JOURNALIST: Now, closer to home, theFilipino President Rodrigo Duterte has declared the southern city of Marawi inthe Philippines has been liberated from pro-Islamic State militants. Has itbeen liberated?

JULIE BISHOP: There are still a numberof fighters in Marawi but huge progress has been made particularly with thedeath of two of the major figures Hapilon and Maute. Hapilon was theself-declared Emir or indeed he was declared the Emir of ISIS in thePhilippines by ISIS in the Middle East, and Maute was the leader of IslamicState in the Philippines. Both those significant terrorist leaders have beenkilled and that does take away a great deal of the momentum from the terroristorganisations or the militia and networks that are connected to ISIS in thePhilippines. So progress has been made and clearly Marawi has been freed fromthe intense siege but we are continuing to provide assistance to ensure that it– ISIS – doesn't emerge in other pockets in Southern Philippines.

JOURNALIST: Can I turn to Chinafinally, the party congress- the 19th People Congress is now underway. ThePresident Xi Jinping is laying out his plans for a second five year term. Whatdo you make of where China is at and where China is going from what you'rehearing from this people's congress? I mean is China becoming a more opensociety or not?

JULIE BISHOP: In fact power is beingconsolidated around President Xi Jinping in perhaps unprecedented ways. Hiscrackdown on corruption has meant that factions have been dismantled, that hehas been able to appoint loyal and competent supporters around him. So thecomposition has changed considerably in the Party sense. I note the Presidentis speaking about "socialism with Chinese characteristics", a form of statecapitalism and I think we'll see a greater intensity and focus on state-ownedenterprises, even to the extent that the private sector in China has flourishedto a degree.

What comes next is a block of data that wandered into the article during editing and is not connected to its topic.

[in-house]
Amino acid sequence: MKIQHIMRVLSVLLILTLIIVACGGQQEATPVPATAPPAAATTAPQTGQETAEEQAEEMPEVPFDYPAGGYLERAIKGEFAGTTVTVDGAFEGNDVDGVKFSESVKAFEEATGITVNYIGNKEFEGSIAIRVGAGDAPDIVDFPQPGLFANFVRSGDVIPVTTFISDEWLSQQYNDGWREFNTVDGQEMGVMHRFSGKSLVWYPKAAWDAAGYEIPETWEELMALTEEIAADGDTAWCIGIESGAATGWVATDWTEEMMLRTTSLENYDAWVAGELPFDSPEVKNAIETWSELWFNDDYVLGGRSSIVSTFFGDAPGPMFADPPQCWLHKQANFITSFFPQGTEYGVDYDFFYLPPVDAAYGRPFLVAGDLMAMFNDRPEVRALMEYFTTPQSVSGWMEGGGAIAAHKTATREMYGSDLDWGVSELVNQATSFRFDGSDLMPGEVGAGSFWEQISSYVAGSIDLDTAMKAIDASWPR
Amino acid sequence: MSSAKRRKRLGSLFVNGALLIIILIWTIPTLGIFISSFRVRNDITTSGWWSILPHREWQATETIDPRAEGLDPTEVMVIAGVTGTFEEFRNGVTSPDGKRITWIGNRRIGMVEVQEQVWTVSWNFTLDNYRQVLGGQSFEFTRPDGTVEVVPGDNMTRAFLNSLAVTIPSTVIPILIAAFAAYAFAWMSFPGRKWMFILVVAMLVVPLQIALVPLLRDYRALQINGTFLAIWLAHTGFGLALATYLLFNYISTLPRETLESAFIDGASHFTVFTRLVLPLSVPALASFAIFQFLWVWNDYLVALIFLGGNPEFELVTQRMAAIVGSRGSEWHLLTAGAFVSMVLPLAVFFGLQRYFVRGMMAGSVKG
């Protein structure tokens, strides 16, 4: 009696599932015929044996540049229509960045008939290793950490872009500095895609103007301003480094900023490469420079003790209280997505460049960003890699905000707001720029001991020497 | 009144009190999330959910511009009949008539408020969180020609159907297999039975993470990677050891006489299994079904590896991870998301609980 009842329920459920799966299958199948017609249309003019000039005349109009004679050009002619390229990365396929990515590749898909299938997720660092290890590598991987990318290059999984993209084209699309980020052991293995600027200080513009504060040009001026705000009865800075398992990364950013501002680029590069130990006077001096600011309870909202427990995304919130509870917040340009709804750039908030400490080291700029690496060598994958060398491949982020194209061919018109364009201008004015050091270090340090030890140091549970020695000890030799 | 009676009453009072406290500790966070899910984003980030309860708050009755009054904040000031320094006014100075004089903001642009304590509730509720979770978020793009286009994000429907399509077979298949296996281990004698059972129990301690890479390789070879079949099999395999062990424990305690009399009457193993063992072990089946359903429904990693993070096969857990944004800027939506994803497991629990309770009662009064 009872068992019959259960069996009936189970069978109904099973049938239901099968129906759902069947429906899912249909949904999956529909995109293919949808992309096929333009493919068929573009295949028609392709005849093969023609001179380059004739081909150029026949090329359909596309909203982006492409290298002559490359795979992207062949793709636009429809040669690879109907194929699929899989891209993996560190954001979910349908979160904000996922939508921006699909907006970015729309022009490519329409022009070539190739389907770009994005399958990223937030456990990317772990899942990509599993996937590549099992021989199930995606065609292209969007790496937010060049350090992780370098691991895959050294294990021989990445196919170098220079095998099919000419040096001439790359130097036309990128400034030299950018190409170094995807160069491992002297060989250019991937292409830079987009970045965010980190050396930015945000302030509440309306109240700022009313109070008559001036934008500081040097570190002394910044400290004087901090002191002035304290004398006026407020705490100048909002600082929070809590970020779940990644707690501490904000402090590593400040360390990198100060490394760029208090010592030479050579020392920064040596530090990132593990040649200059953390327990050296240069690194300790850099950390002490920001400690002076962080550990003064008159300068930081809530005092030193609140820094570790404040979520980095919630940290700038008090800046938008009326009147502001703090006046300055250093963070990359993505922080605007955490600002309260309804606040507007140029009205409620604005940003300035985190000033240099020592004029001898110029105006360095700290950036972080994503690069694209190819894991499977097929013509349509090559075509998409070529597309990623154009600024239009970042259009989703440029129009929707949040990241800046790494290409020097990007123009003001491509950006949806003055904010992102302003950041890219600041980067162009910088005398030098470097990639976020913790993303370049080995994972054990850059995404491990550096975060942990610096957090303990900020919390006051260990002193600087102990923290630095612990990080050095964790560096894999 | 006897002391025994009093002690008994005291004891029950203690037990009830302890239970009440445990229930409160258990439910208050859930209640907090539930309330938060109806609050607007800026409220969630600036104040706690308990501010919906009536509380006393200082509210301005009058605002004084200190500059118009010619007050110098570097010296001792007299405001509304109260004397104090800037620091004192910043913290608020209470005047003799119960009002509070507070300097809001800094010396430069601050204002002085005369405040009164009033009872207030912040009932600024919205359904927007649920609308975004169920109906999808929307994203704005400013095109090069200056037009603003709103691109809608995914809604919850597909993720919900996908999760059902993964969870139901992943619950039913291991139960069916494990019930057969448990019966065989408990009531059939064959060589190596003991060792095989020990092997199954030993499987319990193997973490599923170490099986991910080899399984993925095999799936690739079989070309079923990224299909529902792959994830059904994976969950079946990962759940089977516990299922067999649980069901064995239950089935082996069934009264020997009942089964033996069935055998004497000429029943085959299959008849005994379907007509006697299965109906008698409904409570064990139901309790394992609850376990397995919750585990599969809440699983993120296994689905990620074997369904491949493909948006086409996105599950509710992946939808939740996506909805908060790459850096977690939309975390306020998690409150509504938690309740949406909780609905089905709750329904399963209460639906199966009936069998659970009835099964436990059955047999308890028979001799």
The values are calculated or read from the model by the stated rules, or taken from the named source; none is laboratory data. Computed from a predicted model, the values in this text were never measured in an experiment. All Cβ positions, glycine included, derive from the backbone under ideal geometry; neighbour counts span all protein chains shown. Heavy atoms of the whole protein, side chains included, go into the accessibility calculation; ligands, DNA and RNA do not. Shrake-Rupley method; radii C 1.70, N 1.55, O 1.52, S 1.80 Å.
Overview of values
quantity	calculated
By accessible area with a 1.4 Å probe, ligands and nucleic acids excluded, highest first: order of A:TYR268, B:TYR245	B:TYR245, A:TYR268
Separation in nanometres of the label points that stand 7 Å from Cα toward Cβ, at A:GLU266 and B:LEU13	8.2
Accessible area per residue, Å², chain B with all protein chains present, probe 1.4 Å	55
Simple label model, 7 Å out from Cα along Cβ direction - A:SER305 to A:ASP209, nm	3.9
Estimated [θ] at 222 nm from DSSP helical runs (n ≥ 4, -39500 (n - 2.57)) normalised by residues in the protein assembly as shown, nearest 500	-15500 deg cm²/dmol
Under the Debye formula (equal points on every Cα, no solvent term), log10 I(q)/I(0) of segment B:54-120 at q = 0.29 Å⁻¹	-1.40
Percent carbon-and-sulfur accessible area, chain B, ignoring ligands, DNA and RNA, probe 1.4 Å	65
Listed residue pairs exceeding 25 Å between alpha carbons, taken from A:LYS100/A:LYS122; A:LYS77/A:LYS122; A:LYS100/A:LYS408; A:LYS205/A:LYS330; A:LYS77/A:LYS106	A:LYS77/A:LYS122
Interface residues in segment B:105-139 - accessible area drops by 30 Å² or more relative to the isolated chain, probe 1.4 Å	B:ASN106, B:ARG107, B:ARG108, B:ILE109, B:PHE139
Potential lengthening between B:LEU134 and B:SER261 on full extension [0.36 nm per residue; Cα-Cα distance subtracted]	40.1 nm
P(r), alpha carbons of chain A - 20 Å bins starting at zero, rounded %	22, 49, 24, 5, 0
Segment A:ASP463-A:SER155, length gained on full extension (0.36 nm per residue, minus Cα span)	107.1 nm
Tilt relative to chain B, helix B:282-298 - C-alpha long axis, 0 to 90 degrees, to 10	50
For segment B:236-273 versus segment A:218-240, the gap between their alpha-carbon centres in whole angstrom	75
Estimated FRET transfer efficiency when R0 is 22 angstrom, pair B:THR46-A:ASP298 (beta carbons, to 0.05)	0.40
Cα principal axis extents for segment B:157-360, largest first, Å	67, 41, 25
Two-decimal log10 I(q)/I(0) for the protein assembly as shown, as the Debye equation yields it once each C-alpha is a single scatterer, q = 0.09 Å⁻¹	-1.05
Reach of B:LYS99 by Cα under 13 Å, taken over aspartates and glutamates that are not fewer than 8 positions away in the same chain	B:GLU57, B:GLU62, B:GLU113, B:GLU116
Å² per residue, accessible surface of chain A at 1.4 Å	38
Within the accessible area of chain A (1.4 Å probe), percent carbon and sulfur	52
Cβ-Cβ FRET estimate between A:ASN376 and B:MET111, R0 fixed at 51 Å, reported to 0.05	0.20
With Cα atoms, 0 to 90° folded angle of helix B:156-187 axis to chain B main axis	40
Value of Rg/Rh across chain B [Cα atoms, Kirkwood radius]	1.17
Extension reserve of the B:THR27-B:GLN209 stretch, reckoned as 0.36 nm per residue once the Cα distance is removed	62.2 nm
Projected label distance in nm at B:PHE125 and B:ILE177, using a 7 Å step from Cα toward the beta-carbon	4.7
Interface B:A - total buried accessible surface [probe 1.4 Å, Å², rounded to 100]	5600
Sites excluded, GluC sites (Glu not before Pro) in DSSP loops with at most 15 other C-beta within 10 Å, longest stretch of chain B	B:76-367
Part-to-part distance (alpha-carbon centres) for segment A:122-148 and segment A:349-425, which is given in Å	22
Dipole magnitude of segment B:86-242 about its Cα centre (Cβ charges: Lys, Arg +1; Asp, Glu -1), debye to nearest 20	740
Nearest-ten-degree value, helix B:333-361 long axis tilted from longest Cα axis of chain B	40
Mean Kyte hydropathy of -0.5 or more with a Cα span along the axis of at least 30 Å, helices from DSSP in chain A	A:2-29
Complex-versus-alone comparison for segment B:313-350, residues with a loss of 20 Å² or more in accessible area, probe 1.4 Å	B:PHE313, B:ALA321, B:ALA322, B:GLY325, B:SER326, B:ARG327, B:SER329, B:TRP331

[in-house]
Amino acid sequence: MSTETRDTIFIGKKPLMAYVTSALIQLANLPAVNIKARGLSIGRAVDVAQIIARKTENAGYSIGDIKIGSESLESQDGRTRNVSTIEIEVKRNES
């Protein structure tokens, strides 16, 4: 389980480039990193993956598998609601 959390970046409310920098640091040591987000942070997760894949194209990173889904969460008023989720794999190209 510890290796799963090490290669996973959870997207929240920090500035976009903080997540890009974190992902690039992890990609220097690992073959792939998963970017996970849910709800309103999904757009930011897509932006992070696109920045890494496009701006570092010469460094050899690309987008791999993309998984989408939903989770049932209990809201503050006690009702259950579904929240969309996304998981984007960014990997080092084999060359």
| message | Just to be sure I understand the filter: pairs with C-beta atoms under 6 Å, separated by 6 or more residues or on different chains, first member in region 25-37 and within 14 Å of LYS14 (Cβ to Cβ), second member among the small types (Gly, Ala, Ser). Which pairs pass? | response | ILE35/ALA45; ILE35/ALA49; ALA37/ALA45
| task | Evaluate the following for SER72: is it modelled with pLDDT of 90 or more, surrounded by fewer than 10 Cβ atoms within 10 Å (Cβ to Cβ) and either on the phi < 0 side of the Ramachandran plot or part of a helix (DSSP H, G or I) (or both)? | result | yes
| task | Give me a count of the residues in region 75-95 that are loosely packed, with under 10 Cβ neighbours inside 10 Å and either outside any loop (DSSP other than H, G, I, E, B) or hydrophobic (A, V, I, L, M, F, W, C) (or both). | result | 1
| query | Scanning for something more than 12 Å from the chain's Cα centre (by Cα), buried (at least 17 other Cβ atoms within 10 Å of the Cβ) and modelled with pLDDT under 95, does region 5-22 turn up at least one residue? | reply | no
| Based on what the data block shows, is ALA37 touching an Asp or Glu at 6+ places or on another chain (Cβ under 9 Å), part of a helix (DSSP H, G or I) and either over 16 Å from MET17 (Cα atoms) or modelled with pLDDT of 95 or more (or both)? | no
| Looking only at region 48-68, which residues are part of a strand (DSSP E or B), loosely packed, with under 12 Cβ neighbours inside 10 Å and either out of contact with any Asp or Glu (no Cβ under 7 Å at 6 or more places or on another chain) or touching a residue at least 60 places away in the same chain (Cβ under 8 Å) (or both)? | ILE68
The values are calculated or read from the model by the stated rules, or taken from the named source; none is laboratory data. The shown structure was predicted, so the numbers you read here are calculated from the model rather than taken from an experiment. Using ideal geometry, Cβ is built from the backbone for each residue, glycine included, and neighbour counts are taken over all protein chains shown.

JOURNALIST: So opening up some ofthese state-owned enterprises to greater competition or quite the opposite?

JULIE BISHOP: No, I think there will be a greater concentrationof power within the state-owned enterprises.

JOURNALIST: Is that a concern forAustralia?

JULIE BISHOP: Well we are concernedabout open, free, transparent, accountable trade and competition. China hasachieved its aim of doubling GDP by 2020, well it's way on its way to doublingGDP by 2020 from the 2010 target standard. And that's an extraordinary outcomein anybody's language and with their GDP growing at something like 6 or 7 percent, their economic growth continues to be remarkable. But we are concerned toensure that China remains a free trading nation. We very much support theChina-Australia Free Trade Agreement. It's been hugely beneficial and we wantto see that openness and that trade liberalisation continue.

JOURNALIST: But from what you'resaying, there is a concern there about the approach now being taken, the plansare being laid out as to how those state-owned enterprises will work.

JULIE BISHOP: Well that's always been achallenge and rather than the state-owned enterprises becoming more open, thereis a concern that they will be less transparent and so we would urge China toensure that state-owned enterprises and that the private sector in China isable to flourish.

JOURNALIST: He's also - the President- just finally reiterated that Taiwan, Hong Kong, these are all parts of China.What's Australia's view on this? I mean we know this has been Chinese policyfor a long time, but does Australia- how does Australia view Taiwan inparticular?

JULIE BISHOP: Well Australia hascommitted to a One China policy. That remains the position. We've not changedthat. We are very close partners, trading partners with China. We have a ComprehensiveStrategic Partnership with them and we acknowledge the rising power of Chinameans that it will want to exert its power in a number of ways. We urge Chinato be a promoter and supporter of the international rules-based system that hasenabled China's economic rise. This is the system that's been in place sincethe Second World War of a web of treaties and alliances and institutions thathas maintained the relative peace and stability in our region and has enabledeconomies like China to rise.

JOURNALIST: Foreign Minister JulieBishop, appreciate your time this afternoon. Thank you very much for that.

JULIE BISHOP: ThanksDavid.